24v battery bank to 12v load?

litninrodlitninrod Posts: 12Registered Users ✭✭
Something I didn't notice (or maybe didn't understand) when getting my components is the wattage input limit of my charge controller. It can take up to 100v and up to 40a, so maxed out it would handle 4000w or panels...or so I thought. In actuality, it only accepts up to 520w. 
I have 2 - 235w panels, so 470w total. Adding a third one would put me over the 520w limit. BUT, that's at 12v. The CC says it can handle 1040w if I had a 24v battery bank. I was going to add 2 more Duracell 6v 230 AH batteries to the first 2, intending to double my amp hours, but I could run them all in series and make it a 24v battery bank. So that should allow more input capability. 

Now here's what I don't know. The "load" leads on the CC are hooked to a small blade fuse panel, which have a couple 12v dc lights running off of it. If the battery bank is changed to 24V, does the controller load also increase to 24v dc, or does it step down automatically to a 12v dc load? 
Question 2 - the inverter runs directly off the batteries, but isn't it designed to turn 12v dc into 110v AC? Or is it capable of turning 24v dc into 110v AC also?
2 - Trina 235 w panels
2 - Duracell Ultra 230AH 6v golf cart batteries connected in series to make a 12v 230 AH system
HQST 40A MPPT Solar Charge Controller
Mighty Max 12 Volt 1000 Watt Pure sine wave inverter


  • DcmikeDcmike Posts: 20Registered Users ✭✭
    if your controller is programmable you can make it put out 12 volts on the load side and unless the inverter is one of those 12/24 volt inverters the answer is no you will need a 24 volt inverter
  • mcgivormcgivor Posts: 1,874Registered Users ✭✭✭✭
    The capacity of the batteries will not change wether arranged as 12 or 24V nominal, 2 strings of 2, or 1 string of 4, 
    460 Ah × 12V = 5,5Kw , 230 Ah × 24V = 5.5 Kw, what will change by going 24V is the current the inverter requires, it will be halved, so smaller conductors fuses could be utilized. Because the effective charging current is halved, allows for a larger array, with the same controller, current is inversely proportional to voltage. 

    The load terminals of the CC will be whatever the nominal voltage chosen is, so in order to use 12V loads a DC - DC buck converter, would be required, personally I've not seen a controller that can be programmed to reduce the voltage for the load terminals, not claiming they don't exist, just speaking in general terms. Similarly DC - AC inverters use a nominal input voltage, so a 12V inverter would not accept a 24V input and could  damage the unit,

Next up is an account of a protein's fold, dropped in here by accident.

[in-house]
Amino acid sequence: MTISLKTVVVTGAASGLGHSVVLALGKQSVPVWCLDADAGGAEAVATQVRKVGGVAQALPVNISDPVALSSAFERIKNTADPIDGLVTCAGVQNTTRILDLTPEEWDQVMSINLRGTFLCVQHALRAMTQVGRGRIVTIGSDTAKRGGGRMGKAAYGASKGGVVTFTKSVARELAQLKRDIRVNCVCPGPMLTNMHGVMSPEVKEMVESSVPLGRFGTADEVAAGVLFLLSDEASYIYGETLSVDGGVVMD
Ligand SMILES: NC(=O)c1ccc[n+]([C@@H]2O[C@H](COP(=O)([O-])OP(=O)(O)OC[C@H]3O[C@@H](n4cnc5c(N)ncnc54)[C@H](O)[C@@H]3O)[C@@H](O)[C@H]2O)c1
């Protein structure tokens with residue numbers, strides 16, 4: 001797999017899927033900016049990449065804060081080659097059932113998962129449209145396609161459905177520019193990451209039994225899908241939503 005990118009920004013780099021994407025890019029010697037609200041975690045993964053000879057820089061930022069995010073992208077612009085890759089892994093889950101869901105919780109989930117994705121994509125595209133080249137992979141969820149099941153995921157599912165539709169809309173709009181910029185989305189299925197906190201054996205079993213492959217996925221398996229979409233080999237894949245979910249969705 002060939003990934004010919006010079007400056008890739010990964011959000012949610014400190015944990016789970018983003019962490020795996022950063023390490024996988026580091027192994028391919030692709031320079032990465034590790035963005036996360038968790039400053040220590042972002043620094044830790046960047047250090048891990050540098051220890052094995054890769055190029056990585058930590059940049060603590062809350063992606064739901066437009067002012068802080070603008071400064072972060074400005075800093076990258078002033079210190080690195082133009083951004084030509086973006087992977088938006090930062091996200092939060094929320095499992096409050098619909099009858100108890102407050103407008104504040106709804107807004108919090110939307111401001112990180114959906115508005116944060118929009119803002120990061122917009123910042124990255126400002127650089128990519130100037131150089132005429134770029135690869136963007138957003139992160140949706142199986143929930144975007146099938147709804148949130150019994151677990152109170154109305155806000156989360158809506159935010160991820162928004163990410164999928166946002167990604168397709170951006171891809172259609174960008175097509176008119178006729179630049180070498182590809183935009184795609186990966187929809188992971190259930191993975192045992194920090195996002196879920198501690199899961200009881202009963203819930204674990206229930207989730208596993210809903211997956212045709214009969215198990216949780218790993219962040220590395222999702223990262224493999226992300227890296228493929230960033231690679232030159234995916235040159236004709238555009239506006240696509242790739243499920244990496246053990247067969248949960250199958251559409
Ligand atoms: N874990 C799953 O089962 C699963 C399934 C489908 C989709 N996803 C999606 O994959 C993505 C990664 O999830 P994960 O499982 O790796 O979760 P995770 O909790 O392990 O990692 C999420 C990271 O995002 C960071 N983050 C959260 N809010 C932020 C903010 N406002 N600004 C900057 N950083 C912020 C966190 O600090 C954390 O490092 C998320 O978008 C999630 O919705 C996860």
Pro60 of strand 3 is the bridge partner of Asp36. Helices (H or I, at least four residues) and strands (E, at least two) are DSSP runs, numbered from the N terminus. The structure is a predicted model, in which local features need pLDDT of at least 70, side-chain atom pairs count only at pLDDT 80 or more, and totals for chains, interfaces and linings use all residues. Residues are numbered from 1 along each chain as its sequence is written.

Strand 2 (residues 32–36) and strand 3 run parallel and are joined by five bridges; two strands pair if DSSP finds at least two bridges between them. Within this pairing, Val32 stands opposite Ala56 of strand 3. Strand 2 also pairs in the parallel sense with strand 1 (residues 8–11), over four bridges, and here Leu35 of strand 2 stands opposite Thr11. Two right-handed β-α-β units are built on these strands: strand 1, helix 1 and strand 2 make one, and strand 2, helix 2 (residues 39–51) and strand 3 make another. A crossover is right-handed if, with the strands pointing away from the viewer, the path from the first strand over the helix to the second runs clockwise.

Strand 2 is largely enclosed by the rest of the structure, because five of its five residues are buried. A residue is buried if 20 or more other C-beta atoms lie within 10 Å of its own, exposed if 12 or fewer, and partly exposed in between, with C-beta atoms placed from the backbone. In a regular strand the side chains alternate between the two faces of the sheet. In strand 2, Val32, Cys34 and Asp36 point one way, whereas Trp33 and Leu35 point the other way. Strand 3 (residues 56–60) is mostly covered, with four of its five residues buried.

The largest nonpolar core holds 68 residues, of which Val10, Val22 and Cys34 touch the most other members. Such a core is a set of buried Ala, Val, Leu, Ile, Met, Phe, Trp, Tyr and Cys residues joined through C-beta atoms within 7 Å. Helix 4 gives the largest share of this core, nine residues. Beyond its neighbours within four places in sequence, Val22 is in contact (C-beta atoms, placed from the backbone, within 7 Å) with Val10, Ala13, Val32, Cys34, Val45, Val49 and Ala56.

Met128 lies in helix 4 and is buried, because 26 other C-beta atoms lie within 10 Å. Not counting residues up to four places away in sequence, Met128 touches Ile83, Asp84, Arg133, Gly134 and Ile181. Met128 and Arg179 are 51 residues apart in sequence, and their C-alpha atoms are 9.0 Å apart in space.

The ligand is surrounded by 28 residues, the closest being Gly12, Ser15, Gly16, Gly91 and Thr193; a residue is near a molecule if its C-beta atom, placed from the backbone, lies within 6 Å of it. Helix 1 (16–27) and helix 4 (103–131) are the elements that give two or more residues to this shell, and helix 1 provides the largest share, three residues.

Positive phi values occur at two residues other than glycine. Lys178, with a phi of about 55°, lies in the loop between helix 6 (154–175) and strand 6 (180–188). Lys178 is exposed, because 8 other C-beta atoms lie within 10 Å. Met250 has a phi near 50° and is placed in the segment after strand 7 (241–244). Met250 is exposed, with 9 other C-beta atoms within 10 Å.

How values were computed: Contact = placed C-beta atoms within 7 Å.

So basically if you go 24V to increase array capacity, you will need a new inverter, plus a means to reduce 24V to 12V. Remaining at 12V and wanting to increase array capacity, only a second controller would be required, each on its own array but connected parallel across the battery. Since your loads are not large 12V is fine, if planning larger loads in the future, a voltage change to 24V would be a good idea. 
      1500W, 6× Schutten 250W Poly panels , Schneider 150 60 CC, Schneider SW 2524 inverter, 8×T105 GC 24V nominal 

  • litninrodlitninrod Posts: 12Registered Users ✭✭
    OK, thanks for the information guys.
    2 - Trina 235 w panels
    2 - Duracell Ultra 230AH 6v golf cart batteries connected in series to make a 12v 230 AH system
    HQST 40A MPPT Solar Charge Controller
    Mighty Max 12 Volt 1000 Watt Pure sine wave inverter
  • mryimmersmryimmers Posts: 111Solar Expert ✭✭✭
    I changed my system from 12 volt to 24 and got one of these little guys cheap on eBay  

    it powers a small 12volt load (electric fencer)

    As for inverters I got on eBay too, cheap too if you are patient, I got Exeltech, very happy with them
    510 watt pv, TS-MPPT 60, Exeltech XP1100, XP600 & XP250 @ 24V, 4x Trojan 105RE, Trimetric 2030, Yamaha EF2400i gen.
  • HorseflyHorsefly Posts: 306Registered Users ✭✭✭
    For our 24VDC system we powered our 12VDC loads with one of these:

    It's only about $40, and is supposed to handle up to 360W at 12VDC (that would be 30A, which is quite a bit). It's worked great for us but our loads are pretty small (car stereo for tunes in the cabin, plugs for phone chargers, and some night lights that are supposed to be for boats).
    Off-grid cabin: 6 x Canadian Solar CSK-280M PV panels, Schneider XW-MPPT60-150 Charge Controller, Schneider CSW4024 Inverter/Charger, Schneider SCP, 4 x Vmax XTR12-155 12V, 155AH batteries in a 2x2 24V 310AH bank.
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